"The Day the Music Died"
Buddy Holly Center
Traces "Rock 'n Roll" Legend's Life & Music
by: Bobby McDonald
One of Lubbock, Texas' favorite sons, was Rock 'n Roll Legend, Buddy Holly, who is remembered at the Buddy Holly Center, in Lubbock's Cultural District. Born on September 7, 1936, in Lubbock, as Charles Hardin Holley, the son of Lawrence Odell and Ella Pauline Drake Holley, he picked-up the moniker "Buddy" at a very young age, from his family, as he was the youngest of three sons. His brothers, Larry and Travis taught him to play a variety of musical instruments, including the guitar, banjo, and steel guitar. By the age of five, his young voice lent him to winning local talent contents. By junior high, he met Bob Montgomery and they became fast friends and teamed up as "Buddy and Bob," singing bluegrass music at local clubs and talent shows. They began a radio program on local station KDAV, that made a weekly, Sunday appearance, during their high school days.
But, it was in 1955, that Holly saw Elvis Presley, in Lubbock, and began to incorporate the "rockabilly" style into his music. Holly, Montgomery, and Larry Welborn opened the show for Presley in Lubbock and "caught the eye" of a Nashville talent scout. And, Holly, whose last name got misspelled, continued to incorporate the rock 'n roll sound into his music, when he and "The Crickets" opened for a local concert of Bill Haley & His Comets.
Decca Records awarded Holly a contract in 1956 and formed the The Crickets, with him as lead guitar and singer, Niki Sullivan on guitar, Joe B. Mauldin on bass, and Jerry Allison on drums. Buddy Holly and The Crickets went to Nashville and recorded "That'll Be The Day," a title he adapted from a John Wayne Movie, entitled The Searchers, "Blue Days, Black Nights," and "Modern Don Juan."
Decca Records released Holly and he then hired Norman Petty as his manager, and the band began recording in Petty's studio, in nearby Clovis, New Mexico. Through contact made by Petty, a deal was signed with Brunswick Records, a subsidiary of Decca, in March of 1957. The song "That'll Be The Day" was re-released with more of a rock 'n roll sound and it topped the Billboard chart and The Crickets performed the song, along with "Peggy Sue" on the Ed Sullivan Show, in December of 1957. The songs propelled Buddy Holly and The Crickets to national acclaim, and began an international fame with an Australian tour in January of 1958.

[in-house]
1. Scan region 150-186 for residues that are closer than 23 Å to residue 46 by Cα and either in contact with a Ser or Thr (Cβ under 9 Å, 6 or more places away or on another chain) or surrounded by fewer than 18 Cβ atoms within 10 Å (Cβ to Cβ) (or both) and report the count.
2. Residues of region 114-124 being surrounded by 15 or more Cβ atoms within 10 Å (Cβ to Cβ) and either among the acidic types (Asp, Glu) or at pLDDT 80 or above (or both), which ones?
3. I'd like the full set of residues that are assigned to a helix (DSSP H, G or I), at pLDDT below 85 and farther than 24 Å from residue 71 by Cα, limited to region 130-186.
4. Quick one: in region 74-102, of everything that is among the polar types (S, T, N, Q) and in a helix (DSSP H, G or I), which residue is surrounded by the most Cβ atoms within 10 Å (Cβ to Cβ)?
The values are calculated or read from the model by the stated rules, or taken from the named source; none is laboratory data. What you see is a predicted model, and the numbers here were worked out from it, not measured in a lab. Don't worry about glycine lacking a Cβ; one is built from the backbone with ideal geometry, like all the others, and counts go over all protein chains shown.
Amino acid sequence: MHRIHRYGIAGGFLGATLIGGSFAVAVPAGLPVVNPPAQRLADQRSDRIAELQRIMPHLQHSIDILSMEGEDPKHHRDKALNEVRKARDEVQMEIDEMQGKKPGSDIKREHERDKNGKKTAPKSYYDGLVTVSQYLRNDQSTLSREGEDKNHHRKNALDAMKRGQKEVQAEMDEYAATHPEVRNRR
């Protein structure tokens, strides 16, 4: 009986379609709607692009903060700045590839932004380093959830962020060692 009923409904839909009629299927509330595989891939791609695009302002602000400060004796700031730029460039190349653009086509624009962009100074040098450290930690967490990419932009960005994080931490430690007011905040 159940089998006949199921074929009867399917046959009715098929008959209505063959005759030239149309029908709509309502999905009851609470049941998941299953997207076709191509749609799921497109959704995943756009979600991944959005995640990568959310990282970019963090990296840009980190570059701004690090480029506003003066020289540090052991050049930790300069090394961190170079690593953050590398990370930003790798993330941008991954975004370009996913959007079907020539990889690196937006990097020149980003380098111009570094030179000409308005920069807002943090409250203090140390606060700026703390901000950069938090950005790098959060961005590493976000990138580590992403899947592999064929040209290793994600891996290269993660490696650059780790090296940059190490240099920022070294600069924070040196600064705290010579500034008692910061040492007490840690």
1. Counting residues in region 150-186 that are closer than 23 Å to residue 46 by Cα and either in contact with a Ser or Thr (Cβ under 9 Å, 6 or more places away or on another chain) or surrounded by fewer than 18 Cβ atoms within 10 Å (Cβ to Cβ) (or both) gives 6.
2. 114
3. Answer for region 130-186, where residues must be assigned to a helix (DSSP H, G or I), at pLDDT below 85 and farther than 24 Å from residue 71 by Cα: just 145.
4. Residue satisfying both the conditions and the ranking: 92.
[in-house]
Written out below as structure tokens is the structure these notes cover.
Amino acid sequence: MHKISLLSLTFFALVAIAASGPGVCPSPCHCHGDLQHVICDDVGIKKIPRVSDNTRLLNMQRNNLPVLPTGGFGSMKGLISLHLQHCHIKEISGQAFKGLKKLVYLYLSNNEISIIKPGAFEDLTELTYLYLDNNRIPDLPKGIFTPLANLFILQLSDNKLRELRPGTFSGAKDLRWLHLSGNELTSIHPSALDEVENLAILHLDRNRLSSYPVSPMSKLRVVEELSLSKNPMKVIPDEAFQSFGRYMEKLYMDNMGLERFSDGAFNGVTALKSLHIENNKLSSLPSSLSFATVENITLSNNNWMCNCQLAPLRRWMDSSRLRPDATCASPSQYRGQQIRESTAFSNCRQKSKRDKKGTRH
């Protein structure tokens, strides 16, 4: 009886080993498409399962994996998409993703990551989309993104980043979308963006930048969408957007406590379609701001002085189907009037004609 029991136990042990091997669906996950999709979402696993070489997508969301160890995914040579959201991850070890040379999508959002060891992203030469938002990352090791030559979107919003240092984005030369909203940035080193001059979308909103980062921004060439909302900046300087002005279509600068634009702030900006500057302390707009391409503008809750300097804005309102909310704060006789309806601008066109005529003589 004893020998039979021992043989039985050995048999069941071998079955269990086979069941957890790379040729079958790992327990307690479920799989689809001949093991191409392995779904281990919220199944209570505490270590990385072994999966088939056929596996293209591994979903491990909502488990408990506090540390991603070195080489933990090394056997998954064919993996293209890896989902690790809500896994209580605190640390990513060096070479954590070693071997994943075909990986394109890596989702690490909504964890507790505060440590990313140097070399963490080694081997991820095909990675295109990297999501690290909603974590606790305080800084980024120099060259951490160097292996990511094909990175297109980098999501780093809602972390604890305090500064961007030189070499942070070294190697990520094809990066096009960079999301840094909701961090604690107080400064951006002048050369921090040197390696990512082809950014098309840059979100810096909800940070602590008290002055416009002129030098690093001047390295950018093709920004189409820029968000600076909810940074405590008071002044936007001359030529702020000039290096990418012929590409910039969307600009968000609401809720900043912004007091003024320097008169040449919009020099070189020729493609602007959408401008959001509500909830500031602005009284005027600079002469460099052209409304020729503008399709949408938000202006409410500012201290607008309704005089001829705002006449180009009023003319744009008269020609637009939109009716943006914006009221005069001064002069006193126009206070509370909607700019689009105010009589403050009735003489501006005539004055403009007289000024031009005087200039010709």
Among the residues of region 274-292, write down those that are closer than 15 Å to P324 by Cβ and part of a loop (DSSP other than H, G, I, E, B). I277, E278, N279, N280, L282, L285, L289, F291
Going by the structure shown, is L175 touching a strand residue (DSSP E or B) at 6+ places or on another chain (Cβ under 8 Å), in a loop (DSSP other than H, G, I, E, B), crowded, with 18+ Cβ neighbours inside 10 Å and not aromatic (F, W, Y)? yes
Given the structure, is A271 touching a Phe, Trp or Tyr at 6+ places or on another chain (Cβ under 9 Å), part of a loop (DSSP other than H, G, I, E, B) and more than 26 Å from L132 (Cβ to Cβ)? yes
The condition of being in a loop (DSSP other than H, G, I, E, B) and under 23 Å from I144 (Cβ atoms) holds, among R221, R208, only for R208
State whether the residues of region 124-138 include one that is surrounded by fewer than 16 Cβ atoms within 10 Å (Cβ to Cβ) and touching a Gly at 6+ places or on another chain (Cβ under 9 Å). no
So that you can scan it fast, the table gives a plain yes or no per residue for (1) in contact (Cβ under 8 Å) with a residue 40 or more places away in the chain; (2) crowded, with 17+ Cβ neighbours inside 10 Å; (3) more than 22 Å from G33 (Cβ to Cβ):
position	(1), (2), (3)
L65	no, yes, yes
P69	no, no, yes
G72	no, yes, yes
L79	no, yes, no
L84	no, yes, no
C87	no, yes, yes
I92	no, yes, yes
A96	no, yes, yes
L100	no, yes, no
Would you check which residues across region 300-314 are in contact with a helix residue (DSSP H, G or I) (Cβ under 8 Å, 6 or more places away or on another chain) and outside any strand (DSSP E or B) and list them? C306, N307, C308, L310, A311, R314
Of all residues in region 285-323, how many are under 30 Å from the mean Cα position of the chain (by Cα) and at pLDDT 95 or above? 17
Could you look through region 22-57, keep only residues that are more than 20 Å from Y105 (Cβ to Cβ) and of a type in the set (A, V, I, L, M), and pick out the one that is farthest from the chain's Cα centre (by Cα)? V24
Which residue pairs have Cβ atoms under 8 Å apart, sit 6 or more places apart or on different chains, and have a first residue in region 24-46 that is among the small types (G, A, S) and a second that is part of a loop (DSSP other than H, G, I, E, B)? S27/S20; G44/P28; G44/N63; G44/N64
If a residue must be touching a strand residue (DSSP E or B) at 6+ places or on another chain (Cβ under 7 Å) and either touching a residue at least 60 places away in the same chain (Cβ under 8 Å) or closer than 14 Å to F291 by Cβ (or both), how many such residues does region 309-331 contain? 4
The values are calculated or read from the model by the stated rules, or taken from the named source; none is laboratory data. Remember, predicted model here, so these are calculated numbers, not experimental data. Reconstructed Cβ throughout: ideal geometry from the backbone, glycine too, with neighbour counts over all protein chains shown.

Holly married Maria Elena Santiago, in Lubbock, in August 1958, whom he met in New York, and wrote "True Love Ways" about their relationship, and recorded it in October of 1958. Following their marriage, the Hollys lived in an apartment in New York's Greenwich Village, and here Holly wrote and recorded a series of acoustic songs, including, "Crying, Waiting, Hoping" and "What to Do."
Holly went on the road with his music, and it was his attendance at the Winter Dance Party, a three-week tour across the Midwest, that opened on January 23, 1959, that he was headlining with Dion and the Belmonts, Ritchie Valens, and J.P. "The Big Bopper" Richardson. He had assembled a back-up band that consisted of Tommy Allsup on guitar, Carl Bunch on drums, and a fellow that he'd met back home in Lubbock, Texas, Littlefield native, Waylon Jennings, on the bass.
On the tour, following a performance at the Surf Ballroom, in Clear Lake, Iowa, on February 2, 1959, Holly chartered a small aircraft to take him to the net stop on the tour. Accounts have it that Holly, Valens and Jennings, were to ride on the plane, that night, to Moorhead, Minnesota, for their next appearance. However, at the last minute, Jennings gave up his seat to "The Big Bopper" who was sick. The plane never made it to Minnesota, crashing in winter, Iowa cornfield, in the early morning hours of February 3, 1959. The three performers and the pilot were all killed.
It's been recorded that the last joking conversation between friends Holly and Jennings, included Holly telling Jennings, when he chose not to ride with them and take the bus, "I hope your bus freezes up!" And, Jennings jokingly quipping back, "I hope your plane crashes!"
Of course, Jennings had no idea that his immortal words would come true, and he'd lose his hometown friend, Buddy Holly, that fateful night!
Holly's funeral was held on February 7, 1959, in the Tabernacle Baptist Church, in Lubbock. He was buried in the City of Lubbock Cemetery, in his native West Texas soil. Holly's wife, Maria Elena Holly, was two weeks pregnant, with their first child, but miscarried following the trauma of his death.
Look for the Part II story, about Waylon Jennings, a native of Littlefield entitled "The Day the Music Almost Died," and his association with Buddy Holly and West Texas Music.
Admission to the Buddy Holly Center is $5.00 for adults,
$3.00 for senior citizens, and $2.00 for children and students with I.D.
The center is open at 1801 Crickets Ave., the corner of Crickets Ave. & 19th Street,
Tuesday - Saturday 10:00 a.m. - 5:00 p.m.
Sundays 1:00 - 5:00 p.m.
Closed on Mondays and Holidays.